Oral Presentation Clinical Oncology Society of Australia Annual Scientific Meeting 2018

Focusing and sustaining cancer surgical care for high-risk procedures – oesophagectomies and pancreatectomies in NSW (#18)

Ruyamuro K Kwedza 1 , Nicola Creighton 1 , Douglas Fenton-Lee 2 , Arthur Richardson 3 4 , David Currow 1
  1. Cancer Institute NSW, Eveleigh, NSW, Australia
  2. St Vincent’s Health Network, Sydney , NSW, Australia
  3. Sydney Medical School, Sydney , NSW, Australia
  4. Western Sydney Local Health District, Sydney, NSW, Australia


  • To investigate the use of pancretectomy for pancreatic cancer and oesophagectomy for oesophagogastric cancers and measure associated outcomes.
  • To facilitate and monitor consolidation of these rare and complex surgeries.
  • To investigate contextual and other factors associated with successful and sustained consolidation over a minimum of four years.


Population-based data from the NSW Cancer Registry were linked to NSW Admitted Patient Data Collection (APDC) and Registry of Births Deaths and Marriages (RBDM). Timelier outcomes data were obtained from linked APDC and RBDM data. Higher-volume hospitals were defined as performing >6 specified procedures annually. Monitoring of hospitals and continuous feedback loops and formalised referral networks for surgery were implemented.  Clinicians facilitated and guided consolidation efforts. A thematic analysis of factors associated with success was conducted on hospitals maintaining the suggested minimum average of >6 surgeries over a sustained period.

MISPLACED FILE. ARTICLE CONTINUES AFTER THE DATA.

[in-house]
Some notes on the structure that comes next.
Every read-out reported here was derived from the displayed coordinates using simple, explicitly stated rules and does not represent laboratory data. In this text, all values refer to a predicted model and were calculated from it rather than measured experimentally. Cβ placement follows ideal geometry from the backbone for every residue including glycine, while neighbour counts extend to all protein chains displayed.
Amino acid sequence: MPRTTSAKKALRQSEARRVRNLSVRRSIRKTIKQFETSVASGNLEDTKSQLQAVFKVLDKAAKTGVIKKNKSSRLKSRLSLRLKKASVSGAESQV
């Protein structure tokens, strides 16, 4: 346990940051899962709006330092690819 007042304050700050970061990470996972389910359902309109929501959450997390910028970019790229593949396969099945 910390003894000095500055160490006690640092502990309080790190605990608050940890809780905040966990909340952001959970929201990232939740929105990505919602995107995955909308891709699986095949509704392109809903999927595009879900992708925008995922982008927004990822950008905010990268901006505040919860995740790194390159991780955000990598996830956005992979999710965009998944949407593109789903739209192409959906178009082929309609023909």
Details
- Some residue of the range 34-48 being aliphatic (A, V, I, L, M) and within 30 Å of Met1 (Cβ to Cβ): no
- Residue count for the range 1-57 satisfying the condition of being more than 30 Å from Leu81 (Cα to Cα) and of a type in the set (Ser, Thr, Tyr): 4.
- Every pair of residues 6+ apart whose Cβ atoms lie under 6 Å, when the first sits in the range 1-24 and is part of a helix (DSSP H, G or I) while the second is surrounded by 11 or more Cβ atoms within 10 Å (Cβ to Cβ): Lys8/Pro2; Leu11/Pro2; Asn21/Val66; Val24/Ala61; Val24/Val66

In 2005, 50% (57/115) of oesophagectomies were performed in hospitals (n=22) performing <6 surgeries annually. In 2011, that figure had decreased to 25% (36/144, n=12 hospitals) and in 2016 was 13% (18/135, n=8 hospitals). A similar pattern was observed for pancreatectomy. For pancreatectomy, post-operative outcomes remained the same or improved even with an increase in the proportion of people undergoing surgery. This coincided with developing and strengthening formal referral networks between regional and metropolitan hospitals. Specialist gastrointestinal surgeons were engaged with a multidisciplinary team developing patient information sheets. An evaluation of the process highlighted the importance of timely, relevant data; effective clinician engagement; and support of system administrators.


Consolidation of surgery to higher-volume hospitals can be successfully achieved and sustained; however the interaction of contextual and other factors is important to understand and address to achieve sustainability and effectiveness. This work extends our understanding of achieving sustained system change across multiple settings.